had disobeyed the edict. The count
was beheaded. This had a wholesome
effect, but not sufficient to cr-idicata
There was at this time a young lieu
tenant in the army. Je:m de la Tour,
married to Yvon. a lovely young wom
an of twenty-four, who h;id borne him
two children. Jean was a poor sswerdj
man. and bis wife realized thai if com
pelled to ficht accordir.z tt the cod-
she would probably l')-e him. 1;j
urged him to practice, and when lie
excused himself on the ground that he
had no one to fence '.v:tn she offered
to be his opponent.
Jean was much pleased at tbe idea,
and bis wife at once procured a suita
ble costume. She was about the same
height and weight a her husband, and
it was apparent from the first that phe
would make a very suitable adversury
for practice pnrioses. While De la
Tour was naturally sluggish in bis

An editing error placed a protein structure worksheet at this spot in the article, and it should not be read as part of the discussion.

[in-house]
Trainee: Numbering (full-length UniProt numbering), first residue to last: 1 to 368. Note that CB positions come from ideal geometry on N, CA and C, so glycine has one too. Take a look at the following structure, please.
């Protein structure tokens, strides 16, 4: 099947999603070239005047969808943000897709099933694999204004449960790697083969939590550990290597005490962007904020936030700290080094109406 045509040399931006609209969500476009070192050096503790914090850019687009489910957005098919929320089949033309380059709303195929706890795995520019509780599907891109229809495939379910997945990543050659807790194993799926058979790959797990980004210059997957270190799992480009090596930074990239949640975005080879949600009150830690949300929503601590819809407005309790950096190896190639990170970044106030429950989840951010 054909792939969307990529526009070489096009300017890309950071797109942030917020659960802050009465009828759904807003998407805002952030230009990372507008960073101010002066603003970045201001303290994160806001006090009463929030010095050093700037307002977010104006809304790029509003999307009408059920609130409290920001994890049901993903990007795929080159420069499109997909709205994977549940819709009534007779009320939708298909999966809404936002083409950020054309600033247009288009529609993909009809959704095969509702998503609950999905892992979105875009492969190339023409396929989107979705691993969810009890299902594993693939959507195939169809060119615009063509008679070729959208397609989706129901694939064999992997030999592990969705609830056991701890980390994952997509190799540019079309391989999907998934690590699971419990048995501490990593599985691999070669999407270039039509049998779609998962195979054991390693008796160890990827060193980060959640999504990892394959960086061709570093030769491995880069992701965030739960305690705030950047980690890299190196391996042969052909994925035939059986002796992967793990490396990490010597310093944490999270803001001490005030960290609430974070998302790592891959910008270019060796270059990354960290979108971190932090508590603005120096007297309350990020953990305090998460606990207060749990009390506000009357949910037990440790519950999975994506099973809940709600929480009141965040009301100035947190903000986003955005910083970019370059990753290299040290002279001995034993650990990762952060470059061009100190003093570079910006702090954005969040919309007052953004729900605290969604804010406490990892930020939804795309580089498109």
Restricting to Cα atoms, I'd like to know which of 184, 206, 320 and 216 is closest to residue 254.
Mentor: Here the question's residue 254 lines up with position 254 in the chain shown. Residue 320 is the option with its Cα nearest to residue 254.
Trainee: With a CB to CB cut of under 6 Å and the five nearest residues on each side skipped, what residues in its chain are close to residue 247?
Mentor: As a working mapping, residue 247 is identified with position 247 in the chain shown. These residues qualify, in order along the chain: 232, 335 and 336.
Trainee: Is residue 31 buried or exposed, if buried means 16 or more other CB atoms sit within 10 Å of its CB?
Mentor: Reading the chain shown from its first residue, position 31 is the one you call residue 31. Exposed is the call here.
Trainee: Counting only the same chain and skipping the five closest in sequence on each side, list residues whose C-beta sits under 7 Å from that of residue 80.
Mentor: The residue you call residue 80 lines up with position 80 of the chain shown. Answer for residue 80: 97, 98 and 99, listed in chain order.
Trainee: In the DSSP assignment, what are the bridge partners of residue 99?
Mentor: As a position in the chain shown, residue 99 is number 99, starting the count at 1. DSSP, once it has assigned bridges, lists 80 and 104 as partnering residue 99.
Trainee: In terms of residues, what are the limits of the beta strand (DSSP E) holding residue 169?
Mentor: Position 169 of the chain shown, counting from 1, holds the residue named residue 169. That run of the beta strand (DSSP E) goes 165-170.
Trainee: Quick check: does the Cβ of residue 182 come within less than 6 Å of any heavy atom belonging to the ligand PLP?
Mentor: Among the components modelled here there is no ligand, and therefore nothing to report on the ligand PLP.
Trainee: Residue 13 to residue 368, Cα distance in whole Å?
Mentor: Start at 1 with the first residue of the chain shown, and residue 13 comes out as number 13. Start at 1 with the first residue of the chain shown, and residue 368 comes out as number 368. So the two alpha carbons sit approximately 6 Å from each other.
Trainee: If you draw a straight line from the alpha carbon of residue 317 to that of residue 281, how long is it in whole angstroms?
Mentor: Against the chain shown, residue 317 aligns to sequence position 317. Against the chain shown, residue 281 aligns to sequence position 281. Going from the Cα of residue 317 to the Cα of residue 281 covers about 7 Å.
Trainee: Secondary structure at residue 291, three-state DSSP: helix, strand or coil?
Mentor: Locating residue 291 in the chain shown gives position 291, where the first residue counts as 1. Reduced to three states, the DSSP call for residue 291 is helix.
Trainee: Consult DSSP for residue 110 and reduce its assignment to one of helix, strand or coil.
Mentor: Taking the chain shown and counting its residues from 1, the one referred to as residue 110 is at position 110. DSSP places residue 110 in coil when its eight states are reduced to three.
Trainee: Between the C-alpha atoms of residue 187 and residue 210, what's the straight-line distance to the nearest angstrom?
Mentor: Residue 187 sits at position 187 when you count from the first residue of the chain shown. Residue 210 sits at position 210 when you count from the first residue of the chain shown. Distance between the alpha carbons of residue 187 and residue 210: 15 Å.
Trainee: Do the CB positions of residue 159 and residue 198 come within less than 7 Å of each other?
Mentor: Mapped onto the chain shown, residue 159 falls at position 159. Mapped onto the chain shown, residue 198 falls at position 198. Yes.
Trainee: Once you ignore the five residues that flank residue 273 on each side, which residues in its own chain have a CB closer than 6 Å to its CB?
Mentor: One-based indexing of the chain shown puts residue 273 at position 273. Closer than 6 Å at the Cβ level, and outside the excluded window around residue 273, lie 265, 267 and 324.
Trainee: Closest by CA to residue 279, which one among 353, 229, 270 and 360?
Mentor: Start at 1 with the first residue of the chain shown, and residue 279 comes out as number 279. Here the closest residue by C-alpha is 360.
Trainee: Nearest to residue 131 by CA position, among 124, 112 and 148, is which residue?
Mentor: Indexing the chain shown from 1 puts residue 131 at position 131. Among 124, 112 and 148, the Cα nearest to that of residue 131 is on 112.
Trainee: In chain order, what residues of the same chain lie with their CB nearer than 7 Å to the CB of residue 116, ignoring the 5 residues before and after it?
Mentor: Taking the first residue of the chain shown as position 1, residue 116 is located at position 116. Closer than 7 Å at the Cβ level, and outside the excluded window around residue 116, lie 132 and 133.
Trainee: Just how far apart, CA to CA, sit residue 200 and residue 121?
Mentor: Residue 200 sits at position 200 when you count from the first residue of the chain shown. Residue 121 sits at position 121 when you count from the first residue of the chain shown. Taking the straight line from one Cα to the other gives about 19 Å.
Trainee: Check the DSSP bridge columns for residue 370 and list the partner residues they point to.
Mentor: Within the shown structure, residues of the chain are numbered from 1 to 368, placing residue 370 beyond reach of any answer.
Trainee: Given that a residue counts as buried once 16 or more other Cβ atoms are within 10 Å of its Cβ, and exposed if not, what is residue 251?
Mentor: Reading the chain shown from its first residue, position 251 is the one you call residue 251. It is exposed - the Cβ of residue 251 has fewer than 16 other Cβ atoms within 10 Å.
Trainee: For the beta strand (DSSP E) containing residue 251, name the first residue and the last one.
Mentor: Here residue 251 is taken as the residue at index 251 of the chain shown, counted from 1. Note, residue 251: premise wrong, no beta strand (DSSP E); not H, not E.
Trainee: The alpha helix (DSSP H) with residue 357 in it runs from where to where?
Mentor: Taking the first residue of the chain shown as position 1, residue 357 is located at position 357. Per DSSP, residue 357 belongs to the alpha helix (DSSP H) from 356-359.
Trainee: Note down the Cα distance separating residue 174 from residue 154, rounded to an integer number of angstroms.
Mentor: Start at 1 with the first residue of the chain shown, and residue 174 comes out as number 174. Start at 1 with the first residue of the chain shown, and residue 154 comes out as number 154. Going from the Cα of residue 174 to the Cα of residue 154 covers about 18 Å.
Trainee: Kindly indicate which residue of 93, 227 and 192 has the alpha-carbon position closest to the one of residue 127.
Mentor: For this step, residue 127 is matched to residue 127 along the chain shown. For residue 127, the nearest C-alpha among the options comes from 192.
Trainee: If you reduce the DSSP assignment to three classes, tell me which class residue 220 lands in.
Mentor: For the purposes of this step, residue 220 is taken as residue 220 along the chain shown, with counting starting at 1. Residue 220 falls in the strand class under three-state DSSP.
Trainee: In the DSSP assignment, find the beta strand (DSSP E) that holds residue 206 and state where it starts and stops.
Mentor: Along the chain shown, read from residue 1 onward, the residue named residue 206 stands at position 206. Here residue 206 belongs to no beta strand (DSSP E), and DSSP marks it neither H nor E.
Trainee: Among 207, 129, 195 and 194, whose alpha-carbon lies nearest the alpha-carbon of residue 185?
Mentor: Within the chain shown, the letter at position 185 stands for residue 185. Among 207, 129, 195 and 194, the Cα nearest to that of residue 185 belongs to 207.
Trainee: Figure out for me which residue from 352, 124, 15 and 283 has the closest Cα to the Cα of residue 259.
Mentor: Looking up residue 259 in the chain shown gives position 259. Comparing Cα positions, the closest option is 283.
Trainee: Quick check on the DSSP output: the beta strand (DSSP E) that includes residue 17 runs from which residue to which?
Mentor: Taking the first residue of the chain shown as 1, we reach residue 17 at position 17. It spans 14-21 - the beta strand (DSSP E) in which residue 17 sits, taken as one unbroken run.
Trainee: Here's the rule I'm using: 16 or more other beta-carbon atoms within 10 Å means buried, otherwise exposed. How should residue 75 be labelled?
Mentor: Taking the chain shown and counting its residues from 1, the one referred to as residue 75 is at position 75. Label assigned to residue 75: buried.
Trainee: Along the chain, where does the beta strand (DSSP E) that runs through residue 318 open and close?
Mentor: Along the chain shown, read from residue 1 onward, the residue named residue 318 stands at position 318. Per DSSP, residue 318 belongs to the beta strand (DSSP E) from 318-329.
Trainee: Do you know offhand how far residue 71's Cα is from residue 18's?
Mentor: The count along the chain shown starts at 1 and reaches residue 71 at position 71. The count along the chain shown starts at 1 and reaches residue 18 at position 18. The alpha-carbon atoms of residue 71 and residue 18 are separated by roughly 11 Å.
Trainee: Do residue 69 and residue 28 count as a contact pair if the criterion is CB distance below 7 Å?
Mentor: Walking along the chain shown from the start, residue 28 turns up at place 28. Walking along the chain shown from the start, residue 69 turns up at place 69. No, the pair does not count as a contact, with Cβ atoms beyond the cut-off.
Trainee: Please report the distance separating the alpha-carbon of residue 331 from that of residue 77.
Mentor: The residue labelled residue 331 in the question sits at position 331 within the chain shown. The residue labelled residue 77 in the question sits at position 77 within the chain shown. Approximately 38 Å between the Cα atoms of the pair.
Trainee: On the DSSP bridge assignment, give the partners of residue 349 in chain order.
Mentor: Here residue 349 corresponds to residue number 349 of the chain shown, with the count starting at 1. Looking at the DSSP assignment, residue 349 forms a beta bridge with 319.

movements, tnadame was remarkably
quick. He started in as her instructor,
but it war not lor.s before be was
worsted by bis pupil.
Bit Yvon knew very well that 6he
was not capable of bringing him rp
to a standard that would make him a
match for accomplished swordsmen.
Unknown to her husband, she took les
sons of tbe moat skillful fencing mas
ter to Paris, pledging him to keep the
matter a secret. He had good rea
son to observe bis pledge, for his pupil
soon became more proficient in bis art
The Inevitable was not long in com
ing. Jean de la Tour one day, during
drill, stepped in a puddle of water and
bespattered a comrade's newly polish
ed boots. Yvon was in her chamber,
engaged with her maternal duties,
when an offlcer called and asked for
her husband. She told ber caller that